What is a Stress Fracture? This is an injury of bone that occurs due to repetitive microtrauma.  This differs from a traditional fracture because the break of the bone is not through-and-through but rather is more like cracks in the shell of a hard boiled egg.    This condition is a result of increased activities over a short period of time and can also occur in cases where activity level is the same but weight has increased in a short period of time.  These injuries can occur in any bone, but most commonly in the foot occurs in the heel bone (calcaneus) or the second metatarsal (the bone behind your second toe. 

How is this treated?  Because there is damage and weakness now present in the bone, it is vital to protect the bone while it heals. 

  • First appointment: At your first appointment, your doctor will examine your feet and take x-rays of the painful foot to determine if there are any other causes of pain.  Stress fractures do not appear on x-rays when they first occur.  Rather, it takes a few weeks until the reaction of the bone in response to healing the stress fracture is present.  If you are diagnosed with a stress fracture, there are initially two main causes to your pain that need to be addressed.
    • Inflammation: This is what causes the bone to be painful.  Inflammation can be managed with oral non-steroidal anti-inflammatories, icing, and in some cases topical anti-inflammatory medicines.  These methods are typically needed only in the first few weeks of treatment.
    • Rest: In order to allow the bone to heal from a stress fracture and to prevent a through-and-through fracture in the future, pressure must be removed from the bone to allow it to rest.
      • Immobilization: Your doctor will recommend that you are fitted with a CAM walker boot, which allows some mobility while protecting and off-weighting the injured bone.
      •  Weightbearing restrictions:  Depending on the severity of your condition and also your daily functions, your doctor may recommend modifications to your activity, including work restrictions to prevent excessive walking on the injury.
  • At your first follow-up visit: Your doctor will re-assess your condition and determine what the next step needs to be.
    • If your condition is nearly 100% improved the focus of treatment is to continue to allow healing of the injured bone.  When the acute pain is reduced, this tells us that your inflammation has nearly completely resolved.  This places our focus next onto ensuring that the bone is protected until it is completely healed.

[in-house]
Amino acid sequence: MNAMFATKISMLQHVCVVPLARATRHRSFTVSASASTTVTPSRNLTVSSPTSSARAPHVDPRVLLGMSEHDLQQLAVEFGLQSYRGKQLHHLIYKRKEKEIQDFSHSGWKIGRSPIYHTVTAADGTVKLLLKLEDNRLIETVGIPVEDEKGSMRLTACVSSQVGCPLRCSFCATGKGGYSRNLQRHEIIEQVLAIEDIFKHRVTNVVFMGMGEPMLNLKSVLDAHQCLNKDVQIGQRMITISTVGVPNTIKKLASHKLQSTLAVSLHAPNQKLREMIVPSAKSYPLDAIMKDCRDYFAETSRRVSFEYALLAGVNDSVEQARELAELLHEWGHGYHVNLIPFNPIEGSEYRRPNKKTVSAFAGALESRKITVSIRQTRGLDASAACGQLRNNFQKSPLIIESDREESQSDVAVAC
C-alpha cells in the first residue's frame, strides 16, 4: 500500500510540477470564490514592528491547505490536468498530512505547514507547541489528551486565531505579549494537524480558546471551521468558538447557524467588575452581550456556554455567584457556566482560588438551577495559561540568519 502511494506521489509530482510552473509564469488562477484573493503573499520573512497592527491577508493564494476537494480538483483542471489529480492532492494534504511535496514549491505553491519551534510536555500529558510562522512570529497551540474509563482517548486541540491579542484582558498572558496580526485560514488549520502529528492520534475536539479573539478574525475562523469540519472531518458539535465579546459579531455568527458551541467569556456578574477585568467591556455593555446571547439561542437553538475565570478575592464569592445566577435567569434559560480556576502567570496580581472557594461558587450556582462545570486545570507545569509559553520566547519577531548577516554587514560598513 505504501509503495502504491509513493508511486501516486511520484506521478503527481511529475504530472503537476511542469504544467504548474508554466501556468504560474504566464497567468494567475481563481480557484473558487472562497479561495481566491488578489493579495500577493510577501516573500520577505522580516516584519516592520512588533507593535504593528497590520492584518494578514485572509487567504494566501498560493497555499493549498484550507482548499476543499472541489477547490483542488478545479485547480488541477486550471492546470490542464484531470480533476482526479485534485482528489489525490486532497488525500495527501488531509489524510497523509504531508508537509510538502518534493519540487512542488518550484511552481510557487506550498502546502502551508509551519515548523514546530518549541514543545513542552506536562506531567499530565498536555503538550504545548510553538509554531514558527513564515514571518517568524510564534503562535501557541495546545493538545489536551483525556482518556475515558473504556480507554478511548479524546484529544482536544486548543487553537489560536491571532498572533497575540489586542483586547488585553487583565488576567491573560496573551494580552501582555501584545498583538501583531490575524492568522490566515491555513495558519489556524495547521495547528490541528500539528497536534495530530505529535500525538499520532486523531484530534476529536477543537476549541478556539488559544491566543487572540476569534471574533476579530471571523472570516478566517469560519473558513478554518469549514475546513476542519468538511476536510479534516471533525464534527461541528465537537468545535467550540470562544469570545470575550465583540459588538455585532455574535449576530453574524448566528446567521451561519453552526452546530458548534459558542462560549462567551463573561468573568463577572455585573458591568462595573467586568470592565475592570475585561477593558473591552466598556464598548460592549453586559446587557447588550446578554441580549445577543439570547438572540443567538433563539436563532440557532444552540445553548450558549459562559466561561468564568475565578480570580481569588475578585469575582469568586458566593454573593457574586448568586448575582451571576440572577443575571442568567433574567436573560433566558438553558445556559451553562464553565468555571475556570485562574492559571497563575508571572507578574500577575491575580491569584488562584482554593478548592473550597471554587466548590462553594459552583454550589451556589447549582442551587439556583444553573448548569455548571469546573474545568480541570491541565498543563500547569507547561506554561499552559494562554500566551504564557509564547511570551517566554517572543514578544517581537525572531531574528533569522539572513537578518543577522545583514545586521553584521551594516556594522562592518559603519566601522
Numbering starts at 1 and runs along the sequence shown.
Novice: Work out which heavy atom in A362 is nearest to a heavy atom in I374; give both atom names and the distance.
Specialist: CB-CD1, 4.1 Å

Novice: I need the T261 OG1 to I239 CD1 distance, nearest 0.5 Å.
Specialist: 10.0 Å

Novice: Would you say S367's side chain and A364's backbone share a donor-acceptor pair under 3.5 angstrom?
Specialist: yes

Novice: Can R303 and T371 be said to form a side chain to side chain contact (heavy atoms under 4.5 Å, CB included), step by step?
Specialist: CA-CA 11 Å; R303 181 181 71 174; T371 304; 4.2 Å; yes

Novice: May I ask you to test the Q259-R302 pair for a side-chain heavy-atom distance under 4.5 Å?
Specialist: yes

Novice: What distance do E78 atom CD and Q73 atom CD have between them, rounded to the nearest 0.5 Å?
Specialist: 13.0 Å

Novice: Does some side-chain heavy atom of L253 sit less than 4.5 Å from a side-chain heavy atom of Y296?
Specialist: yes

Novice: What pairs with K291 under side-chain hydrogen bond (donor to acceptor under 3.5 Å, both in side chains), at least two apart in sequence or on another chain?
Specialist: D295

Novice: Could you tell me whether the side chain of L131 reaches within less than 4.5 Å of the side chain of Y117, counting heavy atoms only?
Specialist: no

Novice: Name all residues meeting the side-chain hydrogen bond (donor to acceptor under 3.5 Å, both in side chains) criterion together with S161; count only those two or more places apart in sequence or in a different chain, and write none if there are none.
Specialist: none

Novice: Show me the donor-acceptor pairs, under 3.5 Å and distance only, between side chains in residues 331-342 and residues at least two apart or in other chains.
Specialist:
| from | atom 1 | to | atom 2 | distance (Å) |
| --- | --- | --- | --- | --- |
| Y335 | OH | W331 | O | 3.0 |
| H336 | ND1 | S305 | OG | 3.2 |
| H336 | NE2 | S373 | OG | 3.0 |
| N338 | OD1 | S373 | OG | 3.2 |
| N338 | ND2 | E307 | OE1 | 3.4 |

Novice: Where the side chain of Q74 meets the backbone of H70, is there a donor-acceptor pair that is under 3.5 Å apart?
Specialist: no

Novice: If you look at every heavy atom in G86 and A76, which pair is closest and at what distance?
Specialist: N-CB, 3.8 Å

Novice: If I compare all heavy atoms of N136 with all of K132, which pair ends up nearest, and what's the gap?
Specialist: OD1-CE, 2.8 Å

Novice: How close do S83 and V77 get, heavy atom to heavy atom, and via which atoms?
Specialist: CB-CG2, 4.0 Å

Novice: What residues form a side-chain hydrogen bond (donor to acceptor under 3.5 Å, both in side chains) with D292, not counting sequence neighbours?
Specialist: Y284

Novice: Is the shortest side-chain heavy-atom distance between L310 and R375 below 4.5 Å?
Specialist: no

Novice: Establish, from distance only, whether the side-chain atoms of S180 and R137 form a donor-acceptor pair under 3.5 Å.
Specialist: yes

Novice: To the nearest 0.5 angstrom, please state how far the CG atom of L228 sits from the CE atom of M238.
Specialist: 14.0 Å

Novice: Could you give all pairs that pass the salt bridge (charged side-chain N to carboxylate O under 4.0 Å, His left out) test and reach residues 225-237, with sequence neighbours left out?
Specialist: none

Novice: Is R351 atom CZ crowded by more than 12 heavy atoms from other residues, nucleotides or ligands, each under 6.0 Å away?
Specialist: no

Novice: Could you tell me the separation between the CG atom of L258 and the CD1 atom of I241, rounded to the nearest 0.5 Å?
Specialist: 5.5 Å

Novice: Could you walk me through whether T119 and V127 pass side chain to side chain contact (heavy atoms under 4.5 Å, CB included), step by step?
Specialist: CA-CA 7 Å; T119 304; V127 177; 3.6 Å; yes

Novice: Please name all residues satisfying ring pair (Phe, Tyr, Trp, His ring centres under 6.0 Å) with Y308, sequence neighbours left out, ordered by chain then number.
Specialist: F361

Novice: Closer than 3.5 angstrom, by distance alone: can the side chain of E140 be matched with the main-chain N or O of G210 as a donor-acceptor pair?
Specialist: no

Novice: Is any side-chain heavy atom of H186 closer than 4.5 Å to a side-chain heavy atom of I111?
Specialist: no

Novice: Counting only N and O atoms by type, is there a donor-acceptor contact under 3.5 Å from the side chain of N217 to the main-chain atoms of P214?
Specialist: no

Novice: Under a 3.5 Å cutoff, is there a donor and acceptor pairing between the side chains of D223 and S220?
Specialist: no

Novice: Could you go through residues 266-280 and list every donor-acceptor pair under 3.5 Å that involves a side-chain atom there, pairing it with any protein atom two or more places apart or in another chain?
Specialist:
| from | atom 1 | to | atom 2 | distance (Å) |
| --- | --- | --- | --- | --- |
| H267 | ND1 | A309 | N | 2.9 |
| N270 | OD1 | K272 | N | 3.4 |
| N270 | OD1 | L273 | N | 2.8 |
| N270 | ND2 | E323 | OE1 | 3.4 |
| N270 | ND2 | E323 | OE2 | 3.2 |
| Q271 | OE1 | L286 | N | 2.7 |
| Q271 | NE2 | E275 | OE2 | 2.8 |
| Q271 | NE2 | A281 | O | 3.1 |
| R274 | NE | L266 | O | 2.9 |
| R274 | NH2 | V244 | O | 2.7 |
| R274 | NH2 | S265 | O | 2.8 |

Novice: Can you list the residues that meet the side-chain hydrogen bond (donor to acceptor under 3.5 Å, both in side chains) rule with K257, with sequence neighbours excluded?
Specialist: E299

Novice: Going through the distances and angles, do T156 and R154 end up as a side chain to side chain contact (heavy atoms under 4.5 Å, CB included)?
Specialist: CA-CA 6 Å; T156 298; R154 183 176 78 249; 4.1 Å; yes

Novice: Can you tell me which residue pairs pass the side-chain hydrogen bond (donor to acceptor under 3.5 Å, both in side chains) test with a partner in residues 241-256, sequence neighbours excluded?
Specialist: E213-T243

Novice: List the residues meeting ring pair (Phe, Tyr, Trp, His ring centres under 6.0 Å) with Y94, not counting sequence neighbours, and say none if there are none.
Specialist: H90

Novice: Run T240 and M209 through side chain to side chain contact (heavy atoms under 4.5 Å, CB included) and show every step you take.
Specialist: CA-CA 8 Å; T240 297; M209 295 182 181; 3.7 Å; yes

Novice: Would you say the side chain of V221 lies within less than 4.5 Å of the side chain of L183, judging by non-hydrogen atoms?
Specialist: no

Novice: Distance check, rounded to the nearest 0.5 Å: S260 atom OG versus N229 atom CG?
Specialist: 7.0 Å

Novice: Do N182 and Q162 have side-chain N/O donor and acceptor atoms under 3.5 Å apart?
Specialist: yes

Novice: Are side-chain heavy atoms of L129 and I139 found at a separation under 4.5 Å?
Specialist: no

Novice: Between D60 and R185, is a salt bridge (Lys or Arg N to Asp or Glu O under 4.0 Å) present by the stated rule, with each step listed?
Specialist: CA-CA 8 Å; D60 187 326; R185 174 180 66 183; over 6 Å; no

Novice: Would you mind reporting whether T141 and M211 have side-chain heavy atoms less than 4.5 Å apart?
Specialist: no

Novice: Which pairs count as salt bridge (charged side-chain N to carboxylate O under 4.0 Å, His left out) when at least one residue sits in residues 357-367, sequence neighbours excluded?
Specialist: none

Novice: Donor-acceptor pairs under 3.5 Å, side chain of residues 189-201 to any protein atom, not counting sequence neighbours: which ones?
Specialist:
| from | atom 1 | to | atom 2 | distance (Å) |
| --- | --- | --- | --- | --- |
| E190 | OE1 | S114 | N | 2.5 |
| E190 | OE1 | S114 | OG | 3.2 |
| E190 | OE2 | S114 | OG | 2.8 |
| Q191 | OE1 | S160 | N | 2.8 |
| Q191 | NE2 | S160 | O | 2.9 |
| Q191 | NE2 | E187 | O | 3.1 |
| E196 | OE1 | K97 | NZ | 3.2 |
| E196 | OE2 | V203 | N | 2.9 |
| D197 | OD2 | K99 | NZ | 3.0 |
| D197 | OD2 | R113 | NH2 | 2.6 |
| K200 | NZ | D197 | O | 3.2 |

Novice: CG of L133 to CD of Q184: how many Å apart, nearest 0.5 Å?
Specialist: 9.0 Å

• Continued use of CAM boot: depending on your symptoms at follow-up, you will either be instructed to continue using the cam boot or begin transitioning into supportive athletic shoes.
      • Once stress fracture have healed: orthotics may be recommended to prevent future stress fractures.  Some foot types are predisposed to abnormally high amounts of stress on given bones in the foot.  This is especially important to address in athletes and active adults.
    • If your condition has not improved, this tells your doctor that the next step will be implementation of more restrictive therapies.
      • Casting: In some people, CAM walker boots may not allow adequate immobilization and protection of the injury.  Fiberglass casting ensures more protection as it cannot be removed and will continuously hold the foot in a position for rest.  Casts are typically applied in the office and left on for a period of 2 weeks.
    • If things still aren’t improving: If you have stubborn stress fracture even after the above mentioned treatment, your doctor will re-assess you to determine the next course of treatment.
      • Further Studies such as obtaining an MRI or CT scan of the ankle is sometimes necessary to ensure that there are no additional cysts or damage within the injured bone. These findings do not always show up on x-ray.

Stress fractures have great potential for improvement with initial therapies if there is strict adherence to your doctor’s orders.  It is vital to initiate treatment as soon after an injury as possible.  This ensures the soonest return to regular activities and resolution of pain.

Dr. Misty McNeill
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D.P.M. - Founder of Prairie Path Foot and Ankle Clinic